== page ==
| LONDON, April 9
LONDON, April 9 U.S. Treasuries were little
changed at high levels on Tuesday but could face some near-term
selling pressure as the market absorbs a bout of supply this
The U.S. Treasury Department will sell $32 billion in
three-year debt on Tuesday, $21 billion in 10-year notes on
Wednesday and $13 billion in 30-year bonds on Thursday.
Any dips are likely to attract more buyers, traders said,
with the market recently supported by the prospect of interest
from Japanese investors after the Bank of Japan announced
aggressive monetary easing steps last week.
Ten-year U.S. Treasury yields were broadly
steady at 1.75 percent. It hit its lowest since December at 1.68
percent on Friday, after U.S. jobs numbers were
The BOJ on Thursday announced extraordinary stimulus steps
to revive the world's third-largest economy, taking Japanese
yields to record and fueling expectations that investors will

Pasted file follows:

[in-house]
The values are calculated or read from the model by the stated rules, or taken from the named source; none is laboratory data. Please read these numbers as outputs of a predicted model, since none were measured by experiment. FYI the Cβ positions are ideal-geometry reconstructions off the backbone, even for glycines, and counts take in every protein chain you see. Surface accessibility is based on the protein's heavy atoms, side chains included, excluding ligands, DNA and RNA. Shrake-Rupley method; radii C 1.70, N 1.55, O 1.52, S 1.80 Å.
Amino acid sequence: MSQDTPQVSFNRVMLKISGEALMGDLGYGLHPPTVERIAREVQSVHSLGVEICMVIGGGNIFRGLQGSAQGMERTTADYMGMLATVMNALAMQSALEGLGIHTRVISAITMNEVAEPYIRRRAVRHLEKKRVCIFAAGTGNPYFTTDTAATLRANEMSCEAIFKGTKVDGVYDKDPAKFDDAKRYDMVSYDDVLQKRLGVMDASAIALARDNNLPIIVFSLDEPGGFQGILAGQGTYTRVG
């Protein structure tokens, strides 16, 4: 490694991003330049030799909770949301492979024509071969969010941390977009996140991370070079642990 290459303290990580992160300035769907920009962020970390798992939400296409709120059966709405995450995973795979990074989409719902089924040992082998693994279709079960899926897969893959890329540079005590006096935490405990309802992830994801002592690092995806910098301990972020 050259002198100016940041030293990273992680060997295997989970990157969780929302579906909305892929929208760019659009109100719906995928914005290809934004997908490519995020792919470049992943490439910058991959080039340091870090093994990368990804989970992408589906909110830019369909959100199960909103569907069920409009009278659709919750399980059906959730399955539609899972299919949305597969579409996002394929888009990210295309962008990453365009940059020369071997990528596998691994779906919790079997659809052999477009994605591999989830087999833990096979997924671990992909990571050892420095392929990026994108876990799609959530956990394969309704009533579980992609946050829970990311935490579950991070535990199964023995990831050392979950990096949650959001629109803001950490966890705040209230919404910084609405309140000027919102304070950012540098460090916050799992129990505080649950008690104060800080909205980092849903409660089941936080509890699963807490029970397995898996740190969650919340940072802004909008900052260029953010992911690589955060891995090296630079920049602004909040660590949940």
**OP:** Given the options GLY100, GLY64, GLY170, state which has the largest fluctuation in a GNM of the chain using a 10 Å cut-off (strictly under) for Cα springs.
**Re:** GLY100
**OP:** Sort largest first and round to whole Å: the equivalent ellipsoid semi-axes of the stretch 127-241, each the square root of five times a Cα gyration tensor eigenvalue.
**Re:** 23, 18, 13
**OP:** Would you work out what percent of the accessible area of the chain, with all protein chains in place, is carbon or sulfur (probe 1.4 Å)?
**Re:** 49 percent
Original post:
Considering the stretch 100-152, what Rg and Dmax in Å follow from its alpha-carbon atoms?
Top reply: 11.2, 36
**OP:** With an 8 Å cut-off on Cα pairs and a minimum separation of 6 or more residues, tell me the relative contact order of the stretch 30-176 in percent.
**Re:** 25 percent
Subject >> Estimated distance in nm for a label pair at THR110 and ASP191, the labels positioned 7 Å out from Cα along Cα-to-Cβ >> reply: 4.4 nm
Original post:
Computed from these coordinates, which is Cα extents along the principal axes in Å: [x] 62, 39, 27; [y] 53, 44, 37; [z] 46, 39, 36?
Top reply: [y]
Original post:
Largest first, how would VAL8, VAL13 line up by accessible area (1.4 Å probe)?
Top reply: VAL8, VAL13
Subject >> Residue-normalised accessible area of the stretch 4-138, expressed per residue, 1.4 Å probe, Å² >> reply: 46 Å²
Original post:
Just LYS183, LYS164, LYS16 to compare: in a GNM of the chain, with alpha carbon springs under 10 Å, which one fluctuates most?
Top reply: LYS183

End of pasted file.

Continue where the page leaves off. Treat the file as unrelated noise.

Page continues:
seek returns elsewhere.
That view has benefited both the U.S. Treasury and euro zone
debt markets in recent days, limiting the downside for bond
Five-year U.S. Treasury yields were flat at 0.71
percent while the 30-year equivalent was 1.5 basis
points higher at 2.93 percent.
Later this week, investors will also study minutes from the
Federal Reserve's latest meeting for any signs officials are
pondering the exit of ultra-loose monetary policy.
Any such considerations will have been overshadowed by a
much weaker-than-expected non-farm payrolls report last week,
and market players will look at retail sales this Friday for the
latest gauge of health of the world's largest economy.
"(The focus is on) minutes which give us some insight into
the timing of any potential tapering of QE (quantitative easing)
and the retails sales figures which show whether the resilience
of consumers has persisted in March or not," Nick Stamenkovic,
bond strategist at RIA Capital Markets said.
"Until then, I think Treasuries are pretty much range-bound
and will be dictated by what happens in risk markets."